A paper published last month in Teaching and Teacher Education claims that the digital native is a myth. The paper presents scientific evidence showing that there is no such thing as a digital native who is more tech-savvy or good at multitasking than older generations.
We’ve heard it before: Digital natives are information-savvy and have the ability to process multiple sources of information simultaneously (aka, multitasking). Digital natives, those born after 1980, are known as “native speakers” (Prensky, 2001) of the digital language of computers, video games, and the internet.
The term digital native was popularized by education consultant Marc Prensky in his 2001 essay entitled “Digital Natives, Digital Immigrants”. In the essay, Prensky claimed that the contemporary decline in American education was due to educators' failure to understand the needs of modern students. Arguing that "the arrival and rapid dissemination of digital technology in the last decade of the 20th century" had changed the way students think and process information.
Because the new generations grow up surrounded by technology (using computers, playing video games, using cell phones, etcétera), Prensky concluded that “today’s students think and process information fundamentally differently from their predecessors.”
But according to a recent editorial in Nature, the digital natives are a myth. The editorial reviews a paper published last month in Teaching and Teacher Education, the paper claims that the digital native is a myth, “a yeti with a smartphone.”
The authors say that there is no scientific evidence to suggest that digital natives are more tech-savvy or good at multitasking than older generations. The paper presents scientific evidence showing that there is no such thing as a digital native who is information-skilled simply because he was born in a digital world.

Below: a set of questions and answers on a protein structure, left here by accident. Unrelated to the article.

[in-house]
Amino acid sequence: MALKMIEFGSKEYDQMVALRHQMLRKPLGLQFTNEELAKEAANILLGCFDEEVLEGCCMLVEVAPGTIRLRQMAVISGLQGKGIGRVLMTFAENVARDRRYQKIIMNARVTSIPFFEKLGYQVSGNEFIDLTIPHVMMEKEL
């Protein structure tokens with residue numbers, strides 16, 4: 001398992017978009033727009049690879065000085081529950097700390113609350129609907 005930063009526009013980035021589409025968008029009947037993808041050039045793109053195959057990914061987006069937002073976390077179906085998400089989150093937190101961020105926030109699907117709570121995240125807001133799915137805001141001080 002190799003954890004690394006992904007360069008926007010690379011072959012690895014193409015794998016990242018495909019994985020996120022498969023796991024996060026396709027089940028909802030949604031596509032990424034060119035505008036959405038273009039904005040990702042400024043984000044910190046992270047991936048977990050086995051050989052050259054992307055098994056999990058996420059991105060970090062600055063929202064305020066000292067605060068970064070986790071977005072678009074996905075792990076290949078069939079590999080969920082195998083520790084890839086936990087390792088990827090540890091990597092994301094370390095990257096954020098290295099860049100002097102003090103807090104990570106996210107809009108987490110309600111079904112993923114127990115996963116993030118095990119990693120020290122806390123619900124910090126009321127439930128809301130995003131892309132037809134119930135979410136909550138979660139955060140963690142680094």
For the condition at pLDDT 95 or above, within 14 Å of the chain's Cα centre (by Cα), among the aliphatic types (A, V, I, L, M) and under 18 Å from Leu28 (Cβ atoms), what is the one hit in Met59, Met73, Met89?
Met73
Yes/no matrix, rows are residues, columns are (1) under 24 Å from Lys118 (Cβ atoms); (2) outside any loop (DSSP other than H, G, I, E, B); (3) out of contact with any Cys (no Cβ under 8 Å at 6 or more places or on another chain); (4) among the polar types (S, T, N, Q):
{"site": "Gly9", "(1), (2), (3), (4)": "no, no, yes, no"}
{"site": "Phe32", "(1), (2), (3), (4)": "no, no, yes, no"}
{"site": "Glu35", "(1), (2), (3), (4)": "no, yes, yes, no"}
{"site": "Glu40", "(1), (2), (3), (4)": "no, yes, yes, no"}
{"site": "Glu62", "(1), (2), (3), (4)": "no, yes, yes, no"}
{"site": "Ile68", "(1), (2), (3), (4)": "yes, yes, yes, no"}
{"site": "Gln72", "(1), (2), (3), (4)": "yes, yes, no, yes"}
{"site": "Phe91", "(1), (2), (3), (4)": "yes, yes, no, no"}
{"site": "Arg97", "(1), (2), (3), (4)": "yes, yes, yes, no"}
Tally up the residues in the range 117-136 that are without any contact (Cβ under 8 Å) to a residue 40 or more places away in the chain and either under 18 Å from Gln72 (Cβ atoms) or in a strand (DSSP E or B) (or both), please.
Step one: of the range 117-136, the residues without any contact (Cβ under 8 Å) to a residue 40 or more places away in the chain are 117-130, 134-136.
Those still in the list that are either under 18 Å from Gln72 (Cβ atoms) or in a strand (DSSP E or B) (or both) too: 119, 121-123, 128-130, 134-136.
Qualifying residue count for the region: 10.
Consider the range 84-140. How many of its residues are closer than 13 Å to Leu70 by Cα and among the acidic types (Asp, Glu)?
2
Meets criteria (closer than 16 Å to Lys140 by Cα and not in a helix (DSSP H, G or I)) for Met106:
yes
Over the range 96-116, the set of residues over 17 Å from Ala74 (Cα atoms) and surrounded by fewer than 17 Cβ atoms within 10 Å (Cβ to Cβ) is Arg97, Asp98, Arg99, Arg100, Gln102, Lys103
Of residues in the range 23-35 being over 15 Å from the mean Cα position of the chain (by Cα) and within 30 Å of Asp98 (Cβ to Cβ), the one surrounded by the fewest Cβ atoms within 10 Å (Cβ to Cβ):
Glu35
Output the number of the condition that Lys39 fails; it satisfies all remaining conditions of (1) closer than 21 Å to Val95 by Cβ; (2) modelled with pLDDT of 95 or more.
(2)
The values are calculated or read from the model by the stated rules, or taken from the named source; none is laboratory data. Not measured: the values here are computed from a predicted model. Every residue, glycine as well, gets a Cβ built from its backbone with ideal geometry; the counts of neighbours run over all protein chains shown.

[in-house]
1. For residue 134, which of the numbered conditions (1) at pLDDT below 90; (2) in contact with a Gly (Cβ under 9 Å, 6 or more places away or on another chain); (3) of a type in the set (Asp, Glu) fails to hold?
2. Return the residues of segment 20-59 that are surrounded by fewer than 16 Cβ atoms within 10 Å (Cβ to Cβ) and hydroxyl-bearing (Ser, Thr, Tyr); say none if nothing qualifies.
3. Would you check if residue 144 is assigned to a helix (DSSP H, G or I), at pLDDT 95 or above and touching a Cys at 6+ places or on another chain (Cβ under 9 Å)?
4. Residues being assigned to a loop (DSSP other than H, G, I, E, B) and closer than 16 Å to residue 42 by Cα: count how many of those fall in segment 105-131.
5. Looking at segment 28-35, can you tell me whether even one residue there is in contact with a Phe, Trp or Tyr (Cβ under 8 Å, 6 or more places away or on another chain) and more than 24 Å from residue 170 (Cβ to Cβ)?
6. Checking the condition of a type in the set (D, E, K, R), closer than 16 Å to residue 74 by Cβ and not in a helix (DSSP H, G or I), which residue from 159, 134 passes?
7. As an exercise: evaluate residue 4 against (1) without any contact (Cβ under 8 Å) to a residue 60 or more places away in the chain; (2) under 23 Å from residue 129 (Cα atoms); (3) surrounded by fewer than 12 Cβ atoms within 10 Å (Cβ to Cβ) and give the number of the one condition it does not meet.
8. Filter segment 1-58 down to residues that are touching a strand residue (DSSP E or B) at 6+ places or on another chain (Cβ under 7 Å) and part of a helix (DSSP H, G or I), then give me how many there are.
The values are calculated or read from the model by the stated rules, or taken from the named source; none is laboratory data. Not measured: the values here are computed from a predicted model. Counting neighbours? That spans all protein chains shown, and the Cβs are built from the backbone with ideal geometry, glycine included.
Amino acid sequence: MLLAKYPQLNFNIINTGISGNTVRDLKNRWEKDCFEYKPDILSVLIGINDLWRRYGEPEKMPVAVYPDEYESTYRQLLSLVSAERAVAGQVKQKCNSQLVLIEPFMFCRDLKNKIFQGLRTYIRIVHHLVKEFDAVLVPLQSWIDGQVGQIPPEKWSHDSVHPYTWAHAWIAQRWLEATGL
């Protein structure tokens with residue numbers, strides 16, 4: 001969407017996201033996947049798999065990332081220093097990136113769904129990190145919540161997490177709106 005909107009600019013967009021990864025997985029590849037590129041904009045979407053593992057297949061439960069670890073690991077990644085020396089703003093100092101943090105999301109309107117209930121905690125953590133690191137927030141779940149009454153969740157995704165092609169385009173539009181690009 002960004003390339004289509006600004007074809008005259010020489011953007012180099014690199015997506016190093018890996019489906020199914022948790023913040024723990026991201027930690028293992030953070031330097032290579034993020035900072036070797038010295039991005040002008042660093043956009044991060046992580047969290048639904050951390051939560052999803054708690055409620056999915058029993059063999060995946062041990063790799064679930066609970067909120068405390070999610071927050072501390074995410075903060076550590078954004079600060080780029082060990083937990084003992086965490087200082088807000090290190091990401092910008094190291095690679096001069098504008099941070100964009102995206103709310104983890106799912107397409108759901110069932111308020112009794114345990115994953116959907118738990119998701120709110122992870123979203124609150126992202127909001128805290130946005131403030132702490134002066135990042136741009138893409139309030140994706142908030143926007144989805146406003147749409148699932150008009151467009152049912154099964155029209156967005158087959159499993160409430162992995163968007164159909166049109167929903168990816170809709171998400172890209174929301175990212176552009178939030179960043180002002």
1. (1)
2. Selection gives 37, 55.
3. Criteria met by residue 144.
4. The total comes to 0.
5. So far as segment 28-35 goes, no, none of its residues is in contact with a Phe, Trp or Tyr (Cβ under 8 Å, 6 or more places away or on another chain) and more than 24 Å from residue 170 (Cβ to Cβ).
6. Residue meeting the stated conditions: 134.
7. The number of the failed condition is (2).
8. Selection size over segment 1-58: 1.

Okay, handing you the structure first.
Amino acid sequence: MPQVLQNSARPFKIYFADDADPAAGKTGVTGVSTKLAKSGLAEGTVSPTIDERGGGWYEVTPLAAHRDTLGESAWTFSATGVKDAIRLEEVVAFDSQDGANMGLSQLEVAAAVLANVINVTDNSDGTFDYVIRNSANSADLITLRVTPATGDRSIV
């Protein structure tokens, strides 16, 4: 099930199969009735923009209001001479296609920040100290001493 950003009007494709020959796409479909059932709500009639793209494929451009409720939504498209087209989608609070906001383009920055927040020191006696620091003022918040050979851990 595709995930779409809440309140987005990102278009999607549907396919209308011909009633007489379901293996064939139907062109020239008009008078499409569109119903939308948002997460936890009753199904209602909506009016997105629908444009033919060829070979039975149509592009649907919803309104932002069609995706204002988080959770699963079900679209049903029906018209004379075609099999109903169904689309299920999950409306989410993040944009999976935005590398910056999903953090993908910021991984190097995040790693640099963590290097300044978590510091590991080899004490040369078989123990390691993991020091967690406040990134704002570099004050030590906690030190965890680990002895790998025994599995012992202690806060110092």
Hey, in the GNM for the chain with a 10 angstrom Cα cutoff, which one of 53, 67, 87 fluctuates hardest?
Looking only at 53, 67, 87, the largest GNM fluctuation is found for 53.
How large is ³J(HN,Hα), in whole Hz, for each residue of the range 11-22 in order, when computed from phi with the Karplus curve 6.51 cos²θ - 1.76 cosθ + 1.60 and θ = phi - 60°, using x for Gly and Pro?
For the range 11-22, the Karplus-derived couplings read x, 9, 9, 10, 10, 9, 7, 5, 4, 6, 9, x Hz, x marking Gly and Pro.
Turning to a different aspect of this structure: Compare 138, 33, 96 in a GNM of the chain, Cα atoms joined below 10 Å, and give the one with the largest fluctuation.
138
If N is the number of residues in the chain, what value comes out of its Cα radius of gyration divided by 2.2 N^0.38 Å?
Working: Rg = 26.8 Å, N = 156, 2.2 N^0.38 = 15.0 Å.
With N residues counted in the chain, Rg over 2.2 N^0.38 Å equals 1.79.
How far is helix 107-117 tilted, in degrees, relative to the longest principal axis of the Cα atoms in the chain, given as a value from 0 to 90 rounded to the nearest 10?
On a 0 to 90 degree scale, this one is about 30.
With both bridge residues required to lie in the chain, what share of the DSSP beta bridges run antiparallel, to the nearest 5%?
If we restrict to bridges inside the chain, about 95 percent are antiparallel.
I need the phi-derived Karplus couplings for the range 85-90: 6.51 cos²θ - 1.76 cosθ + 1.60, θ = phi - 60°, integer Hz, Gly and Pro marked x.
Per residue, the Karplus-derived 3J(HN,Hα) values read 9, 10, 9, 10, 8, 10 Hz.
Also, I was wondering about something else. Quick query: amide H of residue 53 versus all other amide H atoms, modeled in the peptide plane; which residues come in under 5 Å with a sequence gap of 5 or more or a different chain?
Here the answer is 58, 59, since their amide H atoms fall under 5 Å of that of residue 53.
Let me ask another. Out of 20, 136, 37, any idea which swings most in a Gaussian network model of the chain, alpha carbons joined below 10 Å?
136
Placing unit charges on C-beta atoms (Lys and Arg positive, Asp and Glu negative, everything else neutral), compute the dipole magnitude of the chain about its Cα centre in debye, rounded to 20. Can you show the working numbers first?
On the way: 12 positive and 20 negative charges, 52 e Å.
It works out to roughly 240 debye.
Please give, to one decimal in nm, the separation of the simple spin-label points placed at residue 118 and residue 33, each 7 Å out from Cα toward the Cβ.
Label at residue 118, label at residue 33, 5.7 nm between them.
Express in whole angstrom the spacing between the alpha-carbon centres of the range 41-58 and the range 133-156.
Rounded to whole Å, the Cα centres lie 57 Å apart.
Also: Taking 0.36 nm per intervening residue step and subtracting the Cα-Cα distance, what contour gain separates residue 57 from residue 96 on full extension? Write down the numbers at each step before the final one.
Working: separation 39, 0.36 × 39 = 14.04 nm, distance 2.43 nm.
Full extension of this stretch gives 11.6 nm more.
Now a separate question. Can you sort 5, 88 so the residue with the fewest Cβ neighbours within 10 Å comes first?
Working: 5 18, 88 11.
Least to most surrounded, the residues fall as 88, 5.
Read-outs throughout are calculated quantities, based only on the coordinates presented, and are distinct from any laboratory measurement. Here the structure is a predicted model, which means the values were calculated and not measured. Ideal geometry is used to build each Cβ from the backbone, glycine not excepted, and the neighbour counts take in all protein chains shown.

“Many members of the digital-savvy generation use technology in the same way as many of their elders: to passively soak up information,” warn the authors of the paper.
Some of the key findings of the paper are:
- Information-savvy digital natives do not exist.
- Learners cannot multitask; they task switch which negatively impacts learning.
- Educational design assuming these myths hinders rather than helps learning.
For higher education the implications of this claim are huge. The rise of the idea of the digital native has been used as a justification for significant policy changes.
“Education policy is particularly vulnerable to political whims, fads and untested assumptions,” points out the Nature editorial. “From swapping evolution for creationism to the idea that multiple types of intelligence demand multiple approaches, generations of children are schooled according to dogma, not evidence.”
“Designing education that assumes the presence of this ability hinders rather than helps learning,” the researchers warned. With this new piece of evidence, what other implications should we consider from now on? The paper elaborates possible implications and recommendations on this matter.
Meanwhile, we can all learn a lesson: Don’t fall for fads and untested assumptions.